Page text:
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High-Speed Rail, High-Quality Jobs: Career Trek Shows Students Opportunities

May 23, 2024
UC Merced students look at high-speed rail tracks during a site visit.
About 25 students took part in the Career Trek.

California high-speed rail, a multibillion-dollar project designed to connect the Central Valley to Los Angeles and the Bay Area, promises swift transportation, the protection of agricultural land and contributions to a cleaner environment.

It's also providing a lot of jobs - from design to construction to, eventually, operation.

UC Merced engineering students recently got the chance to see what opportunities might be available to them. Roughly 25 students took part in a Career Trek to visit the California High-Speed Rail Central Valley Regional Office in Fresno, as well as the Hanford and Cedar viaducts.

Career Treks are offered by the university's Student Career Center. Students are taken on industry-specific recruiting trips to regions within California, hearing from employers about their professional journeys and the pathways they followed to career success.

Manny Machado, engineering career specialist in UC Merced's Student Career Center, coordinated the March visit with help from two colleagues, employer services manager Magali Torres and internship and employer services coordinator Xue Lee.

"A Career Trek is when students have the chance to visit a nearby organization to hear more about their recruitment efforts, and to learn more about the work that they do," Machado said. "During these trips, students get the opportunity to tour facilities, hear about job and internship opportunities they can get involved with, network with employees of that organization and hear more about professional pathways at said organization.

"These Career Treks are also a good way to expose scholars to different career industries while also giving them a chance to showcase their skillsets."

Students met with engineering professionals at the rail project's regional office.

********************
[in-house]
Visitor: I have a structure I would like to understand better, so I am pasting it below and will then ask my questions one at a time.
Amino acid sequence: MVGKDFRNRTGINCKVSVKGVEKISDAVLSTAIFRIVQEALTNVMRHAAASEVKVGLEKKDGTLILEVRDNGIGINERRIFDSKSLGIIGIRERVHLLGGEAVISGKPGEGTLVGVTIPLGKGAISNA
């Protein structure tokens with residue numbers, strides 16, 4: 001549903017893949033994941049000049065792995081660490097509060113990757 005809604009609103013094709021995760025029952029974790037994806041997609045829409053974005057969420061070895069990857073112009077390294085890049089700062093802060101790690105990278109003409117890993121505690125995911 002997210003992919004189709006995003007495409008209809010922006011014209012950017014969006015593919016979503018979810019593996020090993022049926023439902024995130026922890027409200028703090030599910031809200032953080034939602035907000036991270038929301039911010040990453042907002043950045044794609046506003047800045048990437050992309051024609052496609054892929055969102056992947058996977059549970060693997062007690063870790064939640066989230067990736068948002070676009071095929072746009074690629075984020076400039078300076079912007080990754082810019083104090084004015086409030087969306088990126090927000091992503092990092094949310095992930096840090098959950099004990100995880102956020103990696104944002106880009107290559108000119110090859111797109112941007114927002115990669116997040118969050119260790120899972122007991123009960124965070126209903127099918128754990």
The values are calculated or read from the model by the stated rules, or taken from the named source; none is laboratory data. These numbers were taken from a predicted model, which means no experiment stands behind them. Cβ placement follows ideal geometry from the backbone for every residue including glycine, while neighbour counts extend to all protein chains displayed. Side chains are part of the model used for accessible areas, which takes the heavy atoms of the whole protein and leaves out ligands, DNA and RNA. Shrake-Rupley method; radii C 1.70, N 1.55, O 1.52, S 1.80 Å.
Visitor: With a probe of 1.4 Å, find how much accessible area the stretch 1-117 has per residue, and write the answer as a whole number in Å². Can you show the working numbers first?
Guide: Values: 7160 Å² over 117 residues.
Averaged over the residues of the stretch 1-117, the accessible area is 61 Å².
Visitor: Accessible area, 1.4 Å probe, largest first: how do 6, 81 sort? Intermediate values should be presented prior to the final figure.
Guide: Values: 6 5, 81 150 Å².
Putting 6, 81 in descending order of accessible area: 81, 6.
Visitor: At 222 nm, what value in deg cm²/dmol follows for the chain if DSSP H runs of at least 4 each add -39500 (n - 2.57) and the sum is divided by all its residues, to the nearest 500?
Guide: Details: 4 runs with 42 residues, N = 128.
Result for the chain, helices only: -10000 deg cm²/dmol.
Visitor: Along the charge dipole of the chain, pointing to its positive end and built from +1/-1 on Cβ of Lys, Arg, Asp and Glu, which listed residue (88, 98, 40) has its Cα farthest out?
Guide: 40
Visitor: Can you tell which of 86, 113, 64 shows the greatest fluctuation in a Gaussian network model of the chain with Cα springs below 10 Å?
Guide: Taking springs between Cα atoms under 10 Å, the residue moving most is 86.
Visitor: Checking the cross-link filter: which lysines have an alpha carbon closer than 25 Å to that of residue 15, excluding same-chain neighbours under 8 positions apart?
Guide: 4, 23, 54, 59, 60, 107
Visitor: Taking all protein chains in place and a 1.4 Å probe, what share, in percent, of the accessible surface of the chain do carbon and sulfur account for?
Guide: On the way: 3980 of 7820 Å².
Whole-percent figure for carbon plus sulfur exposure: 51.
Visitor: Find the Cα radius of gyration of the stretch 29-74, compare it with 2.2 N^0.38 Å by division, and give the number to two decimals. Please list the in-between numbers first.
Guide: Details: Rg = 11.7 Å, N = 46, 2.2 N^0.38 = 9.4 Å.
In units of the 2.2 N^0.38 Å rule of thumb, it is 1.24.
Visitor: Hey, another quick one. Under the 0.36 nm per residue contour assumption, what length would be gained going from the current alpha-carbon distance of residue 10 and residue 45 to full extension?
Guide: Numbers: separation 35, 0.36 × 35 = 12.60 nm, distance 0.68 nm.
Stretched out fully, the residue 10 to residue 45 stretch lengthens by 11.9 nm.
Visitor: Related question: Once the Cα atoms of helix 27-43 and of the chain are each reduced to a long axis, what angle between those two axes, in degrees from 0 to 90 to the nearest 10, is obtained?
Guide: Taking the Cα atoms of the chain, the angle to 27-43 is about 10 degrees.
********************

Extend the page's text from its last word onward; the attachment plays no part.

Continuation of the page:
"These professionals gave insight to their professional journeys, gave advice on how students can be proactive in their career development and talked about how the different engineering disciplines are needed on a large-scale project like this," Machado said.

Final designs for the high-speed rail project call for about 500 miles of track stretching from Southern California to San Francisco. The first segment, in various stages of construction since 2015, is a 170-mile stretch from Merced to Bakersfield.

At the project's Hanford Viaduct, students learned about environmental considerations for construction sites, toured the top of the structure, heard how the structure will become earthquake proof and learned more about the professional experiences of the construction site managers. Students learned more about these issues at the Cedar Viaduct; because it's further along in construction, they could compare the sites' development.

Students also learned about the different engineering disciplines required for this work. As the project continues to develop, there will be different roles needed at different times. For example, once construction is further developed, electrical engineers will be vital in incorporating components needed for the stations and tracks. Other opportunities soon to be available include internships with partner organizations such as Stantec and Caltrans. And once work begins on the rail's Merced station, there likely will be more chances for UC Merced students to be involved.

For this particular Career Trek, participating students had a once-in-a-lifetime experience. Once construction gets further along and trains start to run stations, the tours currently being hosted will no longer be offered to the public.

Students interested in learning more about Career Treks get can look at Instagram and view the events calendar through Handshake or go to the Career Center website

The Student Career Center typically offers one or two Career Treks during the academic year. Previous destinations include Gallo and LinkedIn.